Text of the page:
[clug] Rescue cd in Cairns

Robert Edwards bob at cs.anu.edu.au
Wed Jul 27 09:47:23 MDT 2011

On 26/07/11 22:48, Brett Worth wrote:
> Fellow travelers,
> I'm happy to report that I am now back on-line. Given that I'm really
> just lazing around I'll give a recap as to what happened. Please delete
> now if if you're not interested since this is a bit off topic.
> It all started last night. I'd been tethering to a mobile broadband
> account via my phone and suspended the machine. Later, when I tried to
> unsuspend it, there was just nothing on the screen. Normally when coming
> out of suspend there is no Dell BIOS splash screen, just a prompt for a
> password after a second or two but this time it was dead. You could see
> the back-light come on but no display. A control alt delete would make
> the screen go dark and back to black with back-light. I could get
> nowhere and suspected that the system was in a mode where it thought it
> was supposed to be unsuspending but corrupt.
> My next try was to run the battery flat so that it would be powering up
> with no suspend state in ram. This took a while but once it was flat it
> would still give no display on power-on. This was never really totally
> flat because it just turns itself off when the battery is very low.
> This brought us to this morning when I thought it worth a try to get it
> to boot from a Linux CD to see if loading a fresh kernel might clear it.
> It was still not clear at this time whether the Kubuntu I was running
> might have put it into this weird state.
> After my call for help this morning to the clug list I got a great
> response. If I'd followed up all the offers I think I'd have about 4
> bootable Linux CDs by now. Thanks to all. I collected a rescue CD from a
> local sysadmin and when I got back tried to boot from it but the problem
> persisted. In fact it started exhibiting a new problem in that the
> screen started displaying garbage occasionally.
> I finally gave up and rang Dell. The Dell tech support person was very
> easy to deal with. After describing the symptoms he said we should try
> running some diagnostics. I was a bit worried that he was going to want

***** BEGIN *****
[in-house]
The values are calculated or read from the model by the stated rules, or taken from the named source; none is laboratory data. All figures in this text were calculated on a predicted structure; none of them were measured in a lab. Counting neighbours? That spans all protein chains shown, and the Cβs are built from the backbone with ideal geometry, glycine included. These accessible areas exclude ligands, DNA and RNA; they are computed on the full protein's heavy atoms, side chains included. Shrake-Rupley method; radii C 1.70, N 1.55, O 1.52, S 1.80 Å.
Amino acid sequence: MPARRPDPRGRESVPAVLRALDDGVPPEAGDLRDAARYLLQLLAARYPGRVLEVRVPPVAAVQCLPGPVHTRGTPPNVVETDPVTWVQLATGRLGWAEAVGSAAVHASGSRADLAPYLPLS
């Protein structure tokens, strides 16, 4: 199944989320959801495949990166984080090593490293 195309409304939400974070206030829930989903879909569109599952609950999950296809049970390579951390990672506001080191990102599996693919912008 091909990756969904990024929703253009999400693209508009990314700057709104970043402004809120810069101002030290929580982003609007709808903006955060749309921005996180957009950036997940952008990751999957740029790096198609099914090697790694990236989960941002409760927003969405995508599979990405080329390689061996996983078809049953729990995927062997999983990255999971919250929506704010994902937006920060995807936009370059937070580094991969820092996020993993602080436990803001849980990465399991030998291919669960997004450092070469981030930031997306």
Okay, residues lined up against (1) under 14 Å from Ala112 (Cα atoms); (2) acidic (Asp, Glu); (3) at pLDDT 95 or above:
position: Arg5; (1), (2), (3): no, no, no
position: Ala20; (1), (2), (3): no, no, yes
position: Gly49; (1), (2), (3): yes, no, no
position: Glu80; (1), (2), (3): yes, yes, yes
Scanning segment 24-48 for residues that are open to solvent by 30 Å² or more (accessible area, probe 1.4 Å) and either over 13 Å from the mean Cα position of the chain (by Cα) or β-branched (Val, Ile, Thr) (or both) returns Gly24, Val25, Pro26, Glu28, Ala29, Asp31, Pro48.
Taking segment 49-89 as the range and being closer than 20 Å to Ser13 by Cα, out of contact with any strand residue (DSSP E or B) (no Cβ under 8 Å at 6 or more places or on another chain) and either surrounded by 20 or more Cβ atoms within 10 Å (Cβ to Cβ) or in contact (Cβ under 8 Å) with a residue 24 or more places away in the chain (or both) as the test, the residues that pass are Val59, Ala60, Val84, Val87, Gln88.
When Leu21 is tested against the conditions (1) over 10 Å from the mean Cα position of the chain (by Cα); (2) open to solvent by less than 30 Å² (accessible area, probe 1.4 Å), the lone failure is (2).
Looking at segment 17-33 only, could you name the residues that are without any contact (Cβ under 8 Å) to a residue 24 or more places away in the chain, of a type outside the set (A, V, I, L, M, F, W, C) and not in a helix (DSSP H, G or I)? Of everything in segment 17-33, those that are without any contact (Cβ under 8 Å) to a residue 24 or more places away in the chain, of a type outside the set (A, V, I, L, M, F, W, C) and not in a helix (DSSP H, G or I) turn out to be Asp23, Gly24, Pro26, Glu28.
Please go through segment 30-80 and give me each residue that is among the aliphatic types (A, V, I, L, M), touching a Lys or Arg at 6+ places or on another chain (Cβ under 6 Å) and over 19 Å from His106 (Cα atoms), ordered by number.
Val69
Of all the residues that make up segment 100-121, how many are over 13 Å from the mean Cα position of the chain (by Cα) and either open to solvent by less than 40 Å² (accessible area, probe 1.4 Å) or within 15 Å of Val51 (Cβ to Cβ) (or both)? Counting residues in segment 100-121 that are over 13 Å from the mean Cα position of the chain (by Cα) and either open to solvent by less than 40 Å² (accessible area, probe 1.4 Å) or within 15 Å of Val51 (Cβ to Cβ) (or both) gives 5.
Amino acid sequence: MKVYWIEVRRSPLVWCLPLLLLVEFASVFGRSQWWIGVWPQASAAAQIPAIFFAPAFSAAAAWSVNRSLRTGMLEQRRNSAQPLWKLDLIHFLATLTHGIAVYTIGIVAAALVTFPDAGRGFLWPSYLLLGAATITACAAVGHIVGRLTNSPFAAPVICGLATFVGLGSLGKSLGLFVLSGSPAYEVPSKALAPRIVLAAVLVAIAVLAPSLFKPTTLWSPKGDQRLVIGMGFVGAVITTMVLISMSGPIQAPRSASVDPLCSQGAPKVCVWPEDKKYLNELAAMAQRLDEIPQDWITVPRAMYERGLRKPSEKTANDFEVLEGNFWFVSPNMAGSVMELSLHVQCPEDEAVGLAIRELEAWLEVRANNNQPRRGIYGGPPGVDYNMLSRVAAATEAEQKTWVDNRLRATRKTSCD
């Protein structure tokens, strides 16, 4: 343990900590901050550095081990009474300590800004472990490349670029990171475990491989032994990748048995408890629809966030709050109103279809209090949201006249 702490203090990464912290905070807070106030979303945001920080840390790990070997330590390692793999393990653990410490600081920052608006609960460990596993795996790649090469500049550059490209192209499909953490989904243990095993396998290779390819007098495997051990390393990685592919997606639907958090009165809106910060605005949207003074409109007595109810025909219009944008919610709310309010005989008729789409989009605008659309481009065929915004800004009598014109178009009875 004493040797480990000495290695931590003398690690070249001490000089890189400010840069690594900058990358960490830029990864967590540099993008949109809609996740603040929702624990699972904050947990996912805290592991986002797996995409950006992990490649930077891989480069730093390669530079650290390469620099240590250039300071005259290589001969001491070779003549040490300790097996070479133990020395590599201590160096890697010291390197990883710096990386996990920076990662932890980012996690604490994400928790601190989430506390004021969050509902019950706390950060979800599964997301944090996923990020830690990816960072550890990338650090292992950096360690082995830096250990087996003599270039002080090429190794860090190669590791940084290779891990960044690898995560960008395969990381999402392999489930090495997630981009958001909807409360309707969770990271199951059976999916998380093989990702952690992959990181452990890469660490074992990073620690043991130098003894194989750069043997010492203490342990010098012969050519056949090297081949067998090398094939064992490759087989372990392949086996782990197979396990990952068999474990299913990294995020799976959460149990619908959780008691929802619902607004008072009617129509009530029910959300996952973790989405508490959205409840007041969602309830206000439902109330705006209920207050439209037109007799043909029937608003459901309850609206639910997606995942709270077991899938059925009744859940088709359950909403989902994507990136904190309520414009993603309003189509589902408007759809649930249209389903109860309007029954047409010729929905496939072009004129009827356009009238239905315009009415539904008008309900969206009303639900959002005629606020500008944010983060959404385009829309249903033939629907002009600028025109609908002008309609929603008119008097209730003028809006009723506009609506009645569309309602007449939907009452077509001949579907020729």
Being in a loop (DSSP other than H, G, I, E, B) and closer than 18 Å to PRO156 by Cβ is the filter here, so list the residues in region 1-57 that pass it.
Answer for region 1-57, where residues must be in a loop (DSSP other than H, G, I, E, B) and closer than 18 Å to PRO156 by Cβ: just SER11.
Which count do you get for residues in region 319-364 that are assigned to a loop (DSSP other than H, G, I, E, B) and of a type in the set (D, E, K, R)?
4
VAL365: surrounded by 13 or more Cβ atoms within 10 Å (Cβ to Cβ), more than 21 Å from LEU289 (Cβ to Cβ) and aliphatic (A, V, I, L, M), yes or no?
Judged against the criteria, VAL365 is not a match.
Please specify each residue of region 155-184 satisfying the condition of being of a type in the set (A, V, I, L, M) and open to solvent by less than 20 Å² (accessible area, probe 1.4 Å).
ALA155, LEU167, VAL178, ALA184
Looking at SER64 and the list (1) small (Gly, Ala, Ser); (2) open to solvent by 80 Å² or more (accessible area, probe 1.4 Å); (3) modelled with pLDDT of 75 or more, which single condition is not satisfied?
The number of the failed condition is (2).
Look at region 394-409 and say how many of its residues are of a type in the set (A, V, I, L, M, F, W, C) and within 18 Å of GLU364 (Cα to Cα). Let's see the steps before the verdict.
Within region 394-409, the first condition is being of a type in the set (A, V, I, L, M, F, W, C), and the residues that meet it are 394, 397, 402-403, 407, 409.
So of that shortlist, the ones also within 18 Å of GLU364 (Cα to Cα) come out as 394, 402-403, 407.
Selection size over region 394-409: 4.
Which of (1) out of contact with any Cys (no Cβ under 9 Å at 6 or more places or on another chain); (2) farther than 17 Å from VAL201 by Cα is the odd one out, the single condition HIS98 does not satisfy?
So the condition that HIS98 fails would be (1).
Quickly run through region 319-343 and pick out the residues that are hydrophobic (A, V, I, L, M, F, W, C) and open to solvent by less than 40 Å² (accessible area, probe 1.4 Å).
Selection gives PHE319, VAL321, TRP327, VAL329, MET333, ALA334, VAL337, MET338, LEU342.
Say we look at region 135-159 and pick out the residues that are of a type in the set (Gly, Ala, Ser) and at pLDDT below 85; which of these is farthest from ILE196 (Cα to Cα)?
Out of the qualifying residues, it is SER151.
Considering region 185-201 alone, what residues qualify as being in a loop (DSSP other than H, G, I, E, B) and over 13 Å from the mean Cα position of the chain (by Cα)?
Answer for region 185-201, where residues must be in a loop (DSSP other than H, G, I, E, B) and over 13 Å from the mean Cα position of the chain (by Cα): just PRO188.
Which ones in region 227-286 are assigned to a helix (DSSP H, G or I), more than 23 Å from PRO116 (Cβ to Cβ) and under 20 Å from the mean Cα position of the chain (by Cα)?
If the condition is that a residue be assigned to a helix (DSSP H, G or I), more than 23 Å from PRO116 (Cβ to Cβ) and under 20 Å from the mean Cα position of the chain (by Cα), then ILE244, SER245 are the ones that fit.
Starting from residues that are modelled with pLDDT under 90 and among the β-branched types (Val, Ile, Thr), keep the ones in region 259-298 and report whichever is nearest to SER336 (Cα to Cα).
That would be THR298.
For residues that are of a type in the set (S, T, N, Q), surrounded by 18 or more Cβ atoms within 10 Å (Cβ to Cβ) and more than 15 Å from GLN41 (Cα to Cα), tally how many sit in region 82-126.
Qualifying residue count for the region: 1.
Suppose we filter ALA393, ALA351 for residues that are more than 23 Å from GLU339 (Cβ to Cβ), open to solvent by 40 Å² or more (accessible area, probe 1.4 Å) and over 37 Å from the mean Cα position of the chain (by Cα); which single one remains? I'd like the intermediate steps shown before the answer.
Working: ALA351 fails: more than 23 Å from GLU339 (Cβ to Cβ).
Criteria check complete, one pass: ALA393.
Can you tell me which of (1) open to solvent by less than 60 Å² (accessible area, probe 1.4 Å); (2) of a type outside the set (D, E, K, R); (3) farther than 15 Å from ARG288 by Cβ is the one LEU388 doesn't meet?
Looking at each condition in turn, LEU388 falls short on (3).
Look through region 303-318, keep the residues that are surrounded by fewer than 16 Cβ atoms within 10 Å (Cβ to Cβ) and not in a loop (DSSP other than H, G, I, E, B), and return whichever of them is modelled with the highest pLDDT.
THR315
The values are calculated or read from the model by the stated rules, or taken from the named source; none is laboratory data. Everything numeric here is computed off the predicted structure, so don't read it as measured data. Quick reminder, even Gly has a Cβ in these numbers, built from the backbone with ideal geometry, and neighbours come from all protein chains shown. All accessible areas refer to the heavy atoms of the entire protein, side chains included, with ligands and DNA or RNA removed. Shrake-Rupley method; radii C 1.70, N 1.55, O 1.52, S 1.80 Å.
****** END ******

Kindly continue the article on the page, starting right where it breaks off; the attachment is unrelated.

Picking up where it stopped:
> the existence of the Dell Utility partition which had actually suffered
> the same fate as Windows. He asked me to hold down the "Fn" key while
> powering it on which as it turns out invokes a detailed built-in
> diagnostic suite. When I ran this (blindly) the symptoms didn't change
> but, after a few minutes and while I was discussing the details of
> getting someone out with some parts, the screen started displaying solid
> colours in a sequence. Once this was complete it went back to the
> original symptom. I was still on the phone and giving my address details
> when I thought I'd power it off and back on. It was totally fixed.
> So what happened. My guess is that perhaps this might not have happened
> if it was running Windows. That said I think the BIOS has some bug in it
> where it's failing to initialise something that it should be
> initialising. Running the diagnostics did the job for it. This computer
> (Dell 15z) cannot have it's battery removed without using tools. Perhaps
> I should have brought some jewelers screwdrivers on holidays. A good ol'
> battery removal/reinstall probably would have fixed it too.
> So now I have a work-around and have learned how to run the builtin
> diags. I'll also eagerly await BIOS updates. Do I actually have a
> hardware problem? I hope not.
> Once again thanks to all who were able to offer assistance. After all,
> what sort of a holiday would it be if I couldn't do what I already do
> for a living? Wait...
> Brett

Hi Brett,

Glad to hear your h/w problems are sorted (I hope).

As for a bootable CD, does your Dell boot from a USB device?

I usually carry at least two bootable USB memory devices with me: one
with Debian Squeeze and the other with Ubuntu. I also have one with
Chris Smart's excellent Kororaa next-gen based on Fedora, but not
always in my pocket.

A bit of hindsight for next time...

Of course, you can always buy a 4GB stick for next to nought from just
about anywhere, then go to a convenient Internet Cafe and download a
bootable image, as well as a swarth of viruses but they usually won't
worry you once you have Linux back on its feet...


Bob Edwards.

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